Is it possible that the effects of Ucf-101 in HtrA2-knockout cells are mediated by other closely related proteases, such as HtrA1, 3 or 4?24 Although the similarity of the serine protease domains in these proteins would suggest that they may also be targeted by Ucf-101, it is likely that they have very distinct function from HtrA2. None of these proteins are known to be mitochondrial or to have consensus mitochondrial import signals; HtrA1 is reported to be secreted from cells.25 None have been implicated in the regulation of cell death or stress signalling. If Ucf-101 is eliciting biological effects on cells through the inhibition of HtrA1, 3 or 4, it seems unlikely that it will be able to provide meaningful information about HtrA2 function, given the evident functional divergence within this family. We recommend considerable caution in the use of Ucf-101 to investigate HtrA2 function and that it should always be backed up by data from other approaches to the ablation of HtrA2 activity, such as gene knockout or RNA interference.
Faccio L et al. (2000) J. Biol. Chem. 275: 2581–2588.
Gray CW et al. (2000) Eur. J. Biochem. 267: 5699–5710.
Suzuki Y et al. (2001) Mol. Cell 8: 613–621.
Martins LM et al. (2002) J. Biol. Chem. 277: 439–444.
Verhagen AM et al. (2002) J. Biol. Chem. 277: 445–454.
Hegde R et al. (2002) J. Biol. Chem. 277: 432–438.
Martins LM et al. (2004) Mol. Cell. Biol. 24: 9848–9862.
Jones JM et al. (2003) Nature 425: 721–727.
Strauss KM et al. (2005) Hum. Mol. Genet. 14: 2099–2111.
Spiess C, Beil A and Ehrmann M. (1999) Cell 97: 339–347.
Walsh NP et al. (2003) Cell 113: 61–71.
Zhao Q et al. (2002) EMBO J. 21: 4411–4419.
Cilenti L et al. (2003) J. Biol. Chem. 278: 11489–11494.
Cilenti L et al. (2004) J. Biol. Chem. 279: 50295–50301.
Trencia A et al. (2004) J. Biol. Chem. 279: 46566–46572.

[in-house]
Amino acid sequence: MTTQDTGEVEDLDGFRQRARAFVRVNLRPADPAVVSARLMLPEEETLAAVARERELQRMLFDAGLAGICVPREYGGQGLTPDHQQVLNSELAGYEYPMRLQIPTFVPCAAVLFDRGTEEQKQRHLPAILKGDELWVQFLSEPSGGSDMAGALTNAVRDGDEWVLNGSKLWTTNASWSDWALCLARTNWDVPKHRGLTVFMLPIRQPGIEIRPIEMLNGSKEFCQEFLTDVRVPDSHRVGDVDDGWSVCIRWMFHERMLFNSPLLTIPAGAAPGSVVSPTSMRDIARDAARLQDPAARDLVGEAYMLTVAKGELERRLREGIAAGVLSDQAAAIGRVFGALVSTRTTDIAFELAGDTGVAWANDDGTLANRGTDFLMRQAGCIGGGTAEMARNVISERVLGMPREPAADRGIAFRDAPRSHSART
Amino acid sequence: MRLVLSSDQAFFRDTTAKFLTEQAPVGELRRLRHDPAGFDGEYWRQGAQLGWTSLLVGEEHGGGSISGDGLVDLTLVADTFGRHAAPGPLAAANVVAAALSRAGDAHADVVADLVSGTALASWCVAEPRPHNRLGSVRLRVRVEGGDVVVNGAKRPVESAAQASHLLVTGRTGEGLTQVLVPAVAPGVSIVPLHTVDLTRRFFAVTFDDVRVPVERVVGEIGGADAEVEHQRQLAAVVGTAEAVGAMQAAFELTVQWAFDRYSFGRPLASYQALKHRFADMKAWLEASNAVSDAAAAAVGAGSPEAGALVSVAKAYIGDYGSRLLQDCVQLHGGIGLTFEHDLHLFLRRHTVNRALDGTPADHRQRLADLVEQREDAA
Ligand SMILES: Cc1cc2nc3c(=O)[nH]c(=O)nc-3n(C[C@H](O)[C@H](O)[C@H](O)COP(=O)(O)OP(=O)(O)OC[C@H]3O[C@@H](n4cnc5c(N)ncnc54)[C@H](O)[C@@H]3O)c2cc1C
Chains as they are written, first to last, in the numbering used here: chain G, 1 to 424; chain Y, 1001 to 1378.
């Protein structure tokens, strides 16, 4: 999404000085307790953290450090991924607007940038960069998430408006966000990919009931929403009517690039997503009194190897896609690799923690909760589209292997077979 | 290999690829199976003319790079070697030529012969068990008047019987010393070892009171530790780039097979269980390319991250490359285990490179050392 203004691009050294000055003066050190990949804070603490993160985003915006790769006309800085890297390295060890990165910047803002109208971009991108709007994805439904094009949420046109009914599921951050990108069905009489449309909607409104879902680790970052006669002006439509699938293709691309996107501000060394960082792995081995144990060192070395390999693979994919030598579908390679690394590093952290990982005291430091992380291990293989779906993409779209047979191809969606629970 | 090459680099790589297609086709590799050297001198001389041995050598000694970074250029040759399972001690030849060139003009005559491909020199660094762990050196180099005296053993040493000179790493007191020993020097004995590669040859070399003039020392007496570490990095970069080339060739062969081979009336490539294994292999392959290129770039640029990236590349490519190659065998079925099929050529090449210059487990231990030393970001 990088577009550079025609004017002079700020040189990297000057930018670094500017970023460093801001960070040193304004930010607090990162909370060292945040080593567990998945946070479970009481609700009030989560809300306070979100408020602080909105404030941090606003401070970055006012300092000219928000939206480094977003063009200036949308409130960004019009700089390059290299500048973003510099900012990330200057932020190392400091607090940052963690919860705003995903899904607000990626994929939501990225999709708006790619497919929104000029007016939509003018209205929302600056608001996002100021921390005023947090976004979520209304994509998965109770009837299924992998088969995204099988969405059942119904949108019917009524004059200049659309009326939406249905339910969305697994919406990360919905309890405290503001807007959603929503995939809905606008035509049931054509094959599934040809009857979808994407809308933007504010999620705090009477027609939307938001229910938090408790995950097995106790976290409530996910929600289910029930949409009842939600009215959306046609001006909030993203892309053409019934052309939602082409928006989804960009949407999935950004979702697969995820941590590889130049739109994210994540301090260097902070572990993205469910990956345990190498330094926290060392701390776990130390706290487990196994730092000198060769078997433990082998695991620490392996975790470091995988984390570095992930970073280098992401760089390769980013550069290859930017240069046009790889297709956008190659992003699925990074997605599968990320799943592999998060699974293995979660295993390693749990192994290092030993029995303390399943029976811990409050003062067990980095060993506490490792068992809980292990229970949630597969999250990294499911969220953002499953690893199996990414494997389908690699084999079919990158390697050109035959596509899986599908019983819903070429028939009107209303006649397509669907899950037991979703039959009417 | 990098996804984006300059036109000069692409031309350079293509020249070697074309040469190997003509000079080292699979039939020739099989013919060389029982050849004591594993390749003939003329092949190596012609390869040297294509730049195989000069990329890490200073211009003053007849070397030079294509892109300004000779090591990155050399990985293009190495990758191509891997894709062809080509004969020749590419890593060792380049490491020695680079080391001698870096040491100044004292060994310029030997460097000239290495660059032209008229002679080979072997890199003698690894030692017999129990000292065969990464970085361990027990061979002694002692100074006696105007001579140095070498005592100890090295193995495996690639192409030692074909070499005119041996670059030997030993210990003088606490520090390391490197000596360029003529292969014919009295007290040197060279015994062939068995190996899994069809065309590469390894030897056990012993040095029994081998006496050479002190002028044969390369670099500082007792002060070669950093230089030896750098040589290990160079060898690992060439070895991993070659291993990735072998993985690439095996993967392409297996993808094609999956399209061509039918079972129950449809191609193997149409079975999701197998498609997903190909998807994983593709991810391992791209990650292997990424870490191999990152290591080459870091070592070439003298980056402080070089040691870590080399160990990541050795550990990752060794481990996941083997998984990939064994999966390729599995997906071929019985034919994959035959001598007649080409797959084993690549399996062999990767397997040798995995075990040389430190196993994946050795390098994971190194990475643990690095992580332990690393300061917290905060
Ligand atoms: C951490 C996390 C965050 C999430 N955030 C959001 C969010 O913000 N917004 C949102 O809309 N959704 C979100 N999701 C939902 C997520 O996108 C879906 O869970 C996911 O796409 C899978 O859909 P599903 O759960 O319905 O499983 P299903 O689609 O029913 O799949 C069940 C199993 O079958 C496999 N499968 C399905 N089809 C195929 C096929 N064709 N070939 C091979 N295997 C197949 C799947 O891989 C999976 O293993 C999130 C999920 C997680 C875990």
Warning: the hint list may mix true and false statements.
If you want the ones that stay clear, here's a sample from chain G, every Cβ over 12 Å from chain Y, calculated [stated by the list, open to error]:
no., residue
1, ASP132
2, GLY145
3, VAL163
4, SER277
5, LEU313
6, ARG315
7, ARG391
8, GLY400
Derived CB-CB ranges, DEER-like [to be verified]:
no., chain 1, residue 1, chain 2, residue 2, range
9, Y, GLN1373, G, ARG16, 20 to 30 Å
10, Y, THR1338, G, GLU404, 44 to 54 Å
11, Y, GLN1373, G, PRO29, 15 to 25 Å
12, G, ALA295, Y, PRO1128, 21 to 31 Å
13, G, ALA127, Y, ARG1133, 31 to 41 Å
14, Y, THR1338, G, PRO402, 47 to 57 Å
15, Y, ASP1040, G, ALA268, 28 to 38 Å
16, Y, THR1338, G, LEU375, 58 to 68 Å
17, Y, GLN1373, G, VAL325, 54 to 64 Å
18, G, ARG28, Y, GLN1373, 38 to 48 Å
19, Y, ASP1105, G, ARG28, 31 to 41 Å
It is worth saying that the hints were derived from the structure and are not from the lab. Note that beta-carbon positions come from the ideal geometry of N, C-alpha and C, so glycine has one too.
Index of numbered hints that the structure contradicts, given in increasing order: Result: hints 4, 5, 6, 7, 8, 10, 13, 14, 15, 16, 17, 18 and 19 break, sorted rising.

Cilenti L et al. (2005) Am. J. Physiol. Renal Physiol 288: F371–F379.
Liu HR et al. (2005) Circulation 111: 90–96.
Goffredo D et al. (2005) Pharmacol. Res. 52: 140–150.
Blink E et al. (2004) Cell Death Differ. 11: 937–939.
Wang XZ et al. (1996) Mol. Cell. Biol. 16: 4273–4280.
Oyadomari S and Mori M. (2004) Cell Death Differ. 11: 381–389.
Hai T and Hartman MG. (2001) Gene 273: 1–11.
Holcik M and Sonenberg N. (2005) Nat. Rev. Mol. Cell Biol. 6: 318–327.
Nie GY et al. (2003) Biochem. J. 371: 39–48.
Hu SI et al. (1998) J. Biol. Chem. 273: 34406–34412.
We thank Miguel Martins and Hélène Plun-Favreau for discussion and assistance. KK was supported by a studentship from the Boehringer Ingelheim Fonds. This work was funded by Cancer Research UK.
About this article
Cite this article
Klupsch, K., Downward, J. The protease inhibitor Ucf-101 induces cellular responses independently of its known target, HtrA2/Omi. Cell Death Differ 13, 2157–2159 (2006). https://doi.org/10.1038/sj.cdd.4401955
Inhibition of HtrA2 alleviated dextran sulfate sodium (DSS)-induced colitis by preventing necroptosis of intestinal epithelial cells
Cell Death & Disease (2019)
Frontiers in Molecular Neuroscience (2019)
Regulation of HtrA2 on WT1 gene expression under imatinib stimulation and its effects on the cell biology of K562 cells
Oncology Letters (2017)
Protection From Apoptotic Cell Death During Cold Storage Followed by Rewarming in 13-Lined Ground Squirrel Tubular Cells
Protective Effects of UCF-101 on Cerebral Ischemia–Reperfusion (CIR) is Depended on the MAPK/p38/ERK Signaling Pathway
Cellular and Molecular Neurobiology (2016)